The Democratic People's Republic of Korea is a country in East Asia, located in the northern half of the Korean Peninsula bordering South Korea and China. Its capital, Pyongyang, is the country's largest city by both land area and population. It is a single-party state led by the Korean Workers' Party (KWP), and governed by Supreme Leader Kim Jong-un since 2012. It has a population of 24,052,231 (UN-assisted DPRK census 2008) made up of Koreans and a smaller Chinese minority. Japan 'opened' Korea in 1876 and annexed it in 1910. The Republic of Korea (ROK) was founded with US support in the south in August 1948 and the Soviet-backed Democratic People's Republic of Korea (DPRK) in the north in September that year.
China's patience wearing thin with erstwhile ally North Korea
As China's star continues to rise, frustration is growing with its troublesome nuclear neighbour
Six decades after treating traumatised Chinese soldiers from the battlefields of Korea, psychiatrist Xue Chongcheng remains convinced their sacrifices - that forged bonds between Beijing and Pyongyang in blood and fire - were essential.
But the ties are tarnishing under the passage of time and generational change, with China rising to the forefront of global economics and geopolitics while frustration grows with a frequently troublesome nuclear neighbour, say analysts and ordinary Chinese.
China sent hundreds of thousands of soldiers to the Korean peninsula, the infamous "human waves" that turned the tide early in the 1950-53 conflict, sending United Nations forces led by US General Douglas MacArthur retreating southward after they had pushed invading North Korean troops almost back to the Chinese border.
Historians debate the number of Chinese dead. Western estimates cite 400,000, while Chinese sources appear to have settled in recent years on a toll of about 180,000.
Whatever the true figure, the war, which ended in a truce on July 27, 1953, has for decades had a special place in modern Chinese history and identity.
It began less than a year after Mao Zedong and the Communist Party finally won China's cataclysmic civil war and established the People's Republic in 1949.
Mao Anying - Mao's eldest son - died fighting on the Korean peninsula and is a symbol of China-North Korea ties, once frequently described as being "as close as lips and teeth".
Xue, a retired psychiatrist who turns 94 in August, vividly recalls the mental condition of the countless soldiers he treated in a hospital in the northeastern Chinese city of Changchun, about 270 kilometres from North Korea, where they were brought from the front for treatment.
"These young people were all volunteers and full of patriotic fervour," the white-haired and bushy-browed Xue said in his apartment in a quiet.
"But repeatedly undergoing the fire of war tested them and they became mentally ill. In the hospital ward they would shout: 'Charge, kill, down with the American imperialists, defend the nation'. They all wanted to return to the front.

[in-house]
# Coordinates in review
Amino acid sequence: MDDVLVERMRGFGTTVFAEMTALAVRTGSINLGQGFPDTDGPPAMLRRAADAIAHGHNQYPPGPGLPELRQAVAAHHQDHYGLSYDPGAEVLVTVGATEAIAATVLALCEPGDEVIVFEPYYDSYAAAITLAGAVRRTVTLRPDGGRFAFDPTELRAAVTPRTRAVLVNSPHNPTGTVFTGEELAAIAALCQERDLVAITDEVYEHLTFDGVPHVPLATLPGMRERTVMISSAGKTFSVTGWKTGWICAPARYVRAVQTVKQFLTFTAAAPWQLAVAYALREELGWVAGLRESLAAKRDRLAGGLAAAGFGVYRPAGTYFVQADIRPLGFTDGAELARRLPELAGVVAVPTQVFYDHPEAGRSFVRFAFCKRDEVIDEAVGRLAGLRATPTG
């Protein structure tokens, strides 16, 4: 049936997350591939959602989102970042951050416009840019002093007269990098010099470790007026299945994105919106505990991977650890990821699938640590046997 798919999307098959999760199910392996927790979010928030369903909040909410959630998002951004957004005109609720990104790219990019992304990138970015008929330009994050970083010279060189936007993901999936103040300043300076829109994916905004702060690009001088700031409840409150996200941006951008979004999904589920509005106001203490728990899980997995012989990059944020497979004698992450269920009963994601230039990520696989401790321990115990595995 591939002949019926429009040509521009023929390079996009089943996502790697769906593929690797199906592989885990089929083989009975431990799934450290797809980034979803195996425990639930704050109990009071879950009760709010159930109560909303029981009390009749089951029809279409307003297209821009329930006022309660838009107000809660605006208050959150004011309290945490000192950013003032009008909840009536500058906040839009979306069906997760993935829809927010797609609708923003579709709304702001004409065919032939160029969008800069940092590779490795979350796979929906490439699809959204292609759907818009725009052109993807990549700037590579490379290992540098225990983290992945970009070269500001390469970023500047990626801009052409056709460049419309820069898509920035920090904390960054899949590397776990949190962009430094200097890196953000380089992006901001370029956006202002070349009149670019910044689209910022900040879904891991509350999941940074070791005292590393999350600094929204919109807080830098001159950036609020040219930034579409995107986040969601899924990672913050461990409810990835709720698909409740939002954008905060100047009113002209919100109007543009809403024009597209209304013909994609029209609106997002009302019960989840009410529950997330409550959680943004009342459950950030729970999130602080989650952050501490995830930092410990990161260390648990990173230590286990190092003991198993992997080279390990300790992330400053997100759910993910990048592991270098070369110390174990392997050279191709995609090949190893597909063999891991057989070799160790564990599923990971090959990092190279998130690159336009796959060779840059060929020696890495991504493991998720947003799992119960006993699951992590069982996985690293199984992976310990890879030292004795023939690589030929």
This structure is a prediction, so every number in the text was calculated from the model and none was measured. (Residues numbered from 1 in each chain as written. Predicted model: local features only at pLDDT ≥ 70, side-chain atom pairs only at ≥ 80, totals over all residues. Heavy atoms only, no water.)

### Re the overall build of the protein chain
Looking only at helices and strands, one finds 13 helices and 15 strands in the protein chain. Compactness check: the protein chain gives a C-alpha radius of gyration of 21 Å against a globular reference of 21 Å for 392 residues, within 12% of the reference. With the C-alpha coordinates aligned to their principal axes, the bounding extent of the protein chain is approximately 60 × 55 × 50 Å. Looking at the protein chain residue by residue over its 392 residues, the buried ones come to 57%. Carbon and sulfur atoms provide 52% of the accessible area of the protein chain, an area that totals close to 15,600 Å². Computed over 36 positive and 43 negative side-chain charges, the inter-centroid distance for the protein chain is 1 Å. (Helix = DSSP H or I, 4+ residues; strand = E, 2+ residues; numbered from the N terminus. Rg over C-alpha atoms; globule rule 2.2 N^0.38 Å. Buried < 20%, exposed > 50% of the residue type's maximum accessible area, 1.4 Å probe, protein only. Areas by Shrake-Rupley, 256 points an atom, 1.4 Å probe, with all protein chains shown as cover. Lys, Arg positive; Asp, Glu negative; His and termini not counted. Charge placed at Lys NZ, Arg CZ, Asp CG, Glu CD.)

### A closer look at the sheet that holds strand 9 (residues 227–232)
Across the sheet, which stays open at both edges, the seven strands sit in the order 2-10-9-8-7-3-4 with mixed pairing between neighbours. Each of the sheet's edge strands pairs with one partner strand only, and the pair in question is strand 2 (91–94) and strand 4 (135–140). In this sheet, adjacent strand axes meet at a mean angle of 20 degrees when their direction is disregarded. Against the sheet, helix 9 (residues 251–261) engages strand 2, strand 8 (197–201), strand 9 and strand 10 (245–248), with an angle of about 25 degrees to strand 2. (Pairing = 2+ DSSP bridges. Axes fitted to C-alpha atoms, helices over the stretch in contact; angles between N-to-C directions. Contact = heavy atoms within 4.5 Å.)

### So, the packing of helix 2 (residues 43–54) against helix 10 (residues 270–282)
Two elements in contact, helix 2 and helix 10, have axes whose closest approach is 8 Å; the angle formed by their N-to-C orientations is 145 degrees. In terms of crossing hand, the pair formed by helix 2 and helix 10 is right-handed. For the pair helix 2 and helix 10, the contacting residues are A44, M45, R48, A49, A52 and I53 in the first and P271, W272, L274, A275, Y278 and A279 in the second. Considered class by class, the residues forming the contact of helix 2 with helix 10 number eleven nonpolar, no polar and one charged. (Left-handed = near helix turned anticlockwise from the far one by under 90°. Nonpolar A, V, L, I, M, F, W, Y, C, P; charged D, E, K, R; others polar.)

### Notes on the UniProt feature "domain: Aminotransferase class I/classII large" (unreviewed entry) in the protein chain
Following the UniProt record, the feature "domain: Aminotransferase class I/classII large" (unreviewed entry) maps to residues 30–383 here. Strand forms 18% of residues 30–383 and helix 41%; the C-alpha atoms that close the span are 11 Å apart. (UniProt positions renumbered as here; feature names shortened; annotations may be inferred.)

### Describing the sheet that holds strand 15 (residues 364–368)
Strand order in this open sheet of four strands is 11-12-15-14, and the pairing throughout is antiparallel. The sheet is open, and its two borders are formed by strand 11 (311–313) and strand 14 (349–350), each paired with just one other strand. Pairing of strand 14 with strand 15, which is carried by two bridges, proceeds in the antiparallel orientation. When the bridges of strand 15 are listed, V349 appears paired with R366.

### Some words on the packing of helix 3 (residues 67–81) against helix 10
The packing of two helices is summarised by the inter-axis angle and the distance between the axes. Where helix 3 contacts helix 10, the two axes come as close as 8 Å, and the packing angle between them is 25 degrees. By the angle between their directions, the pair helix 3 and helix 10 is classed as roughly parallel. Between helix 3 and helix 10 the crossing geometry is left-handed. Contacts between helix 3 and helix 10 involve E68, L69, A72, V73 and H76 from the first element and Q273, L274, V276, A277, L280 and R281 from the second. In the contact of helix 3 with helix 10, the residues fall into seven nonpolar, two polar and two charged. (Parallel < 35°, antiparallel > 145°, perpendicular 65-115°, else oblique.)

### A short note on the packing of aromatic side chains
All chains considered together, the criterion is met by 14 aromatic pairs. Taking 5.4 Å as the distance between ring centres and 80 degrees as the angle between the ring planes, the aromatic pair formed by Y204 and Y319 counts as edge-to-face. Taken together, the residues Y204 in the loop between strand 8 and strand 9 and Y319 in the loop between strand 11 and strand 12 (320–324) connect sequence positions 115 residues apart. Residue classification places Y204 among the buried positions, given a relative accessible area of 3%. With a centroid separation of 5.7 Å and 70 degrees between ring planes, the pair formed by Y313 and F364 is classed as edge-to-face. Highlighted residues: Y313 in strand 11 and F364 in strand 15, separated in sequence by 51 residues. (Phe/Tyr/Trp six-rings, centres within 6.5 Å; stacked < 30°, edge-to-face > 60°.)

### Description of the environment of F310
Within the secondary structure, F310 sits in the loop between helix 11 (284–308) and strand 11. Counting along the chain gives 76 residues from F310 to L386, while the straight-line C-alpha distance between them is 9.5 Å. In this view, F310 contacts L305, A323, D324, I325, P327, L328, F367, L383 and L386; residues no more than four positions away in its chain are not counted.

Xue emphasises the war's importance for Beijing, saying defeat for Pyongyang would have put China's Communist government in the crosshairs of the US.
"I think sending soldiers to North Korea was the right choice to defend the nation," he added. "It was a just war."
But patience with Pyongyang and its nuclear sabre-rattling is showing signs of running out.
China's new President Xi Jinping, born a month before the armistice ending hostilities was signed, issued a rare if indirect public rebuke to North Korea during a speech to visiting international political and business leaders in April.
Xi said there should be no tolerance for those who fostered "chaos for selfish gains", wording widely seen at the time as criticising Pyongyang without mentioning it by name. His comments came during months of provocations by North Korea, including a rocket launch seen as a disguised missile test, an atomic blast and threats of nuclear conflagration, and as the US and South Korea carried out joint war games.
Chinese support of Pyongyang was "definitely eroding," said Adam Cathcart, an expert on China-North Korea relations at Queen's University Belfast.
At the Military Museum of the Chinese People's Revolution in Beijing last week, visiting truck driver Pan Yude said China paid a high and worthwhile cost to defend its neighbour.
But his attitude hardened when asked about North Korea today, describing relations with Pyongyang as merely "so-so" and blaming what he sees as North Korean stubbornness.
"If Russia and China didn't support it, it would have quickly ceased to exist" he said.
Cathcart says factors behind the changing attitudes include the passing of the war generation, North Korea's reluctance to publicly acknowledge China's sacrifices, and Beijing giving historians and commentators freer rein to examine past assumptions.
"There's definitely a revision going on within China, whereas North Korea has really stuck to their narrative. And they have really said Kim Il-sung is the main man, it's really about his genius," he said, referring to the North's founder and grandfather of current leader Kim Jong-un.
"And the Chinese think that's ludicrous."